Reading the book “Lord of Alaska” by Hector Chevigny about Alexander Andreyevich Baranov, the first Governor of the Russian America (1799-1818), it became interesting what this name did come from. “Russian America” was the name of Russian colonial possessions in the Americas from 1733 to 1867 that today is the US state of Alaska and settlements farther south in California. Formal incorporation of the possessions did not take place until a ukase ( a proclamaition or decree of the tsar) in 1799, which established a monopoly for the Russian-American Company, and also granted the Russian Orthodox Church certain rights in the new possessions.
The capital of the Russian America was New Archangel which is now in the area of Sitka. So, the political structure was colony, there spoken languages were: Russian, Haida, Tsim ashianic, Eskimo-Aleut, Chinook Jargon, Na-Dene.
From the geography, even just looking at the map, we can see that Bering Strait is so close between Russia’s East coast and Alaska’s west coast. Travelling this summer around Alaska we did not sail so far to that Bering Strait, but even from the inside the passage we felt connected to this closeness, visiting museums, churches, through the readings:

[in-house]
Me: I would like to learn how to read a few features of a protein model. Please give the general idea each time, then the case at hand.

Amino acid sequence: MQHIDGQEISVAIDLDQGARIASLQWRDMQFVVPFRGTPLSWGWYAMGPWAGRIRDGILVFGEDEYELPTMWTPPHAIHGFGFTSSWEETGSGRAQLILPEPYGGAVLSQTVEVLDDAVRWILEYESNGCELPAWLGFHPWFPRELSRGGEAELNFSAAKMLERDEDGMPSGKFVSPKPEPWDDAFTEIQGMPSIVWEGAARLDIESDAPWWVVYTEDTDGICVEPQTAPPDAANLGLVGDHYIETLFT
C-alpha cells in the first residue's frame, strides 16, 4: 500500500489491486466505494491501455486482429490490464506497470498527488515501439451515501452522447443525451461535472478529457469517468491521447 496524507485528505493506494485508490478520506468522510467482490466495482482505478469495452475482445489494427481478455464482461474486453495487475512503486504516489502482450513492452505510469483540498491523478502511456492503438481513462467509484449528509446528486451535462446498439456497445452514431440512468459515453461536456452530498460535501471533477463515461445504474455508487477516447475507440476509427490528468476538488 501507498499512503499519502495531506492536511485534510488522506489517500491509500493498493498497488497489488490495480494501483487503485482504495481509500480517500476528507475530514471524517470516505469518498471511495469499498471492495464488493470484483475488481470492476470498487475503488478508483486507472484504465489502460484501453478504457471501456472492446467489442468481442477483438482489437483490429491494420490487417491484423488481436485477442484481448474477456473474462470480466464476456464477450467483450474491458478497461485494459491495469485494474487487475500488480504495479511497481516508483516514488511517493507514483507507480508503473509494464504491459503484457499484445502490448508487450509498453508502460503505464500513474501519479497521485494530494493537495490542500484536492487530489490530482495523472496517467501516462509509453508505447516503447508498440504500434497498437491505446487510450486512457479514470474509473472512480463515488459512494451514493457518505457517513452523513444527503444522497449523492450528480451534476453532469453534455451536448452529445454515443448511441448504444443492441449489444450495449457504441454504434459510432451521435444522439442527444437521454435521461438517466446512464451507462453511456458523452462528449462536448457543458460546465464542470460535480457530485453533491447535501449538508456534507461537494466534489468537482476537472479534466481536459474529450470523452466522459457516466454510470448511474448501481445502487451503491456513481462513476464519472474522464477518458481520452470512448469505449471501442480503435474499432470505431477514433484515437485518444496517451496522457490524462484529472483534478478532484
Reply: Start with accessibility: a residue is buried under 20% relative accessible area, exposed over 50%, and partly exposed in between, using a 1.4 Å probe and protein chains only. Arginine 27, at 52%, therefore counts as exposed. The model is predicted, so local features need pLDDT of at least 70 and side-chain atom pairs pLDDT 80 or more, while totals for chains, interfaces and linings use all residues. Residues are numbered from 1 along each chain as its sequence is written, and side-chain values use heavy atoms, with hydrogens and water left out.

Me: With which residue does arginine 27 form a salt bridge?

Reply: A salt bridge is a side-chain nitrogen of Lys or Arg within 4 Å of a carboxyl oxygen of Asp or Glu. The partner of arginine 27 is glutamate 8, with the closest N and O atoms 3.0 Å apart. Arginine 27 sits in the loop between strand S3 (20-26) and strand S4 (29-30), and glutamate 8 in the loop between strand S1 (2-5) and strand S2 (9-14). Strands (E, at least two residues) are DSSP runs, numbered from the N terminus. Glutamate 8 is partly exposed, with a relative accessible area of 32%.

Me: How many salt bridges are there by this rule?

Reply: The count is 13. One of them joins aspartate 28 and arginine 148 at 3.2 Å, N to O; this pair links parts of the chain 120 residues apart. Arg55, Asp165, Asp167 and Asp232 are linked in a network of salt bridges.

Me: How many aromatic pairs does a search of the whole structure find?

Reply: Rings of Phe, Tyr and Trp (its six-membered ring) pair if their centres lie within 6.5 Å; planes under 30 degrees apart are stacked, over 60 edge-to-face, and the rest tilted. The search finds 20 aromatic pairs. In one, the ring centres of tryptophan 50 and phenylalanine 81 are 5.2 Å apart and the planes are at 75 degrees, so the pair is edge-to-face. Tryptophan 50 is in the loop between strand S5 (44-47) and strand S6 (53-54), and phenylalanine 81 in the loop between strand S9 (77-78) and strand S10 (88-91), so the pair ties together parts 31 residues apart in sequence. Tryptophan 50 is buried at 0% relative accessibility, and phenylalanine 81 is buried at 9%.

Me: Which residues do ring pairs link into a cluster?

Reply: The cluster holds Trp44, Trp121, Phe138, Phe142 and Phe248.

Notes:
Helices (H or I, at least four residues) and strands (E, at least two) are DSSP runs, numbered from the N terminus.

“The Russian-American Company” was chartered by the Emperor Paul I in 1799, to govern the Russian possessions in North America on behalf of Russian Empire. So, in 1790 Shelekhov, back in Russia, hired Alexander Andreyevich Baranov (1746-1819) to manage his Alaskan fur enterprise”.
There was an opinion at those times: they who control Alaska can control the Pacific. From 1812 to 1841 Fort Ross California was active. From 1814 to 1817 Russian Fort Elizabeth was operating in Hawaii.
In Russo-American Treaty in 1824 recognized the exclusive Russian rights to the fur trade above latitude 54°,40′ North with the American rights and claims restricted to below that line, as was also the context of the Treaty of Saint Petersburg, a parallel agreement with the British in 1825.
The agreements soon went by the wayside, however, and with the retirement of Alexander Baranov in 1818, the Russian hold on Alaska was weakened.
By the 1860s, the Russian Government was considering ridding itself of its Russian America colony. Zealous over-hunting had severely reduced the fur-bearing animal population, and competition from the British and Americans exacerbated the situation. This, combined with the difficulties of supplying and protecting such a distant colony, brought about a waning interest.
After Russian America was sold to the US in 1867, for $ 7,2 million (2 cents per acre) (total: $ 120 million in today’s terms), all the holdings of the Russian-American Company were liquidated.
At the end of the book we read:
“Russia withdrew from the world’s race for maritime colonies. The despairing cry of Peter the Great that his people would never be a nation of sailors seemed justified at long last”.
Listen to the M.I.Glinka’s song: “Glory!”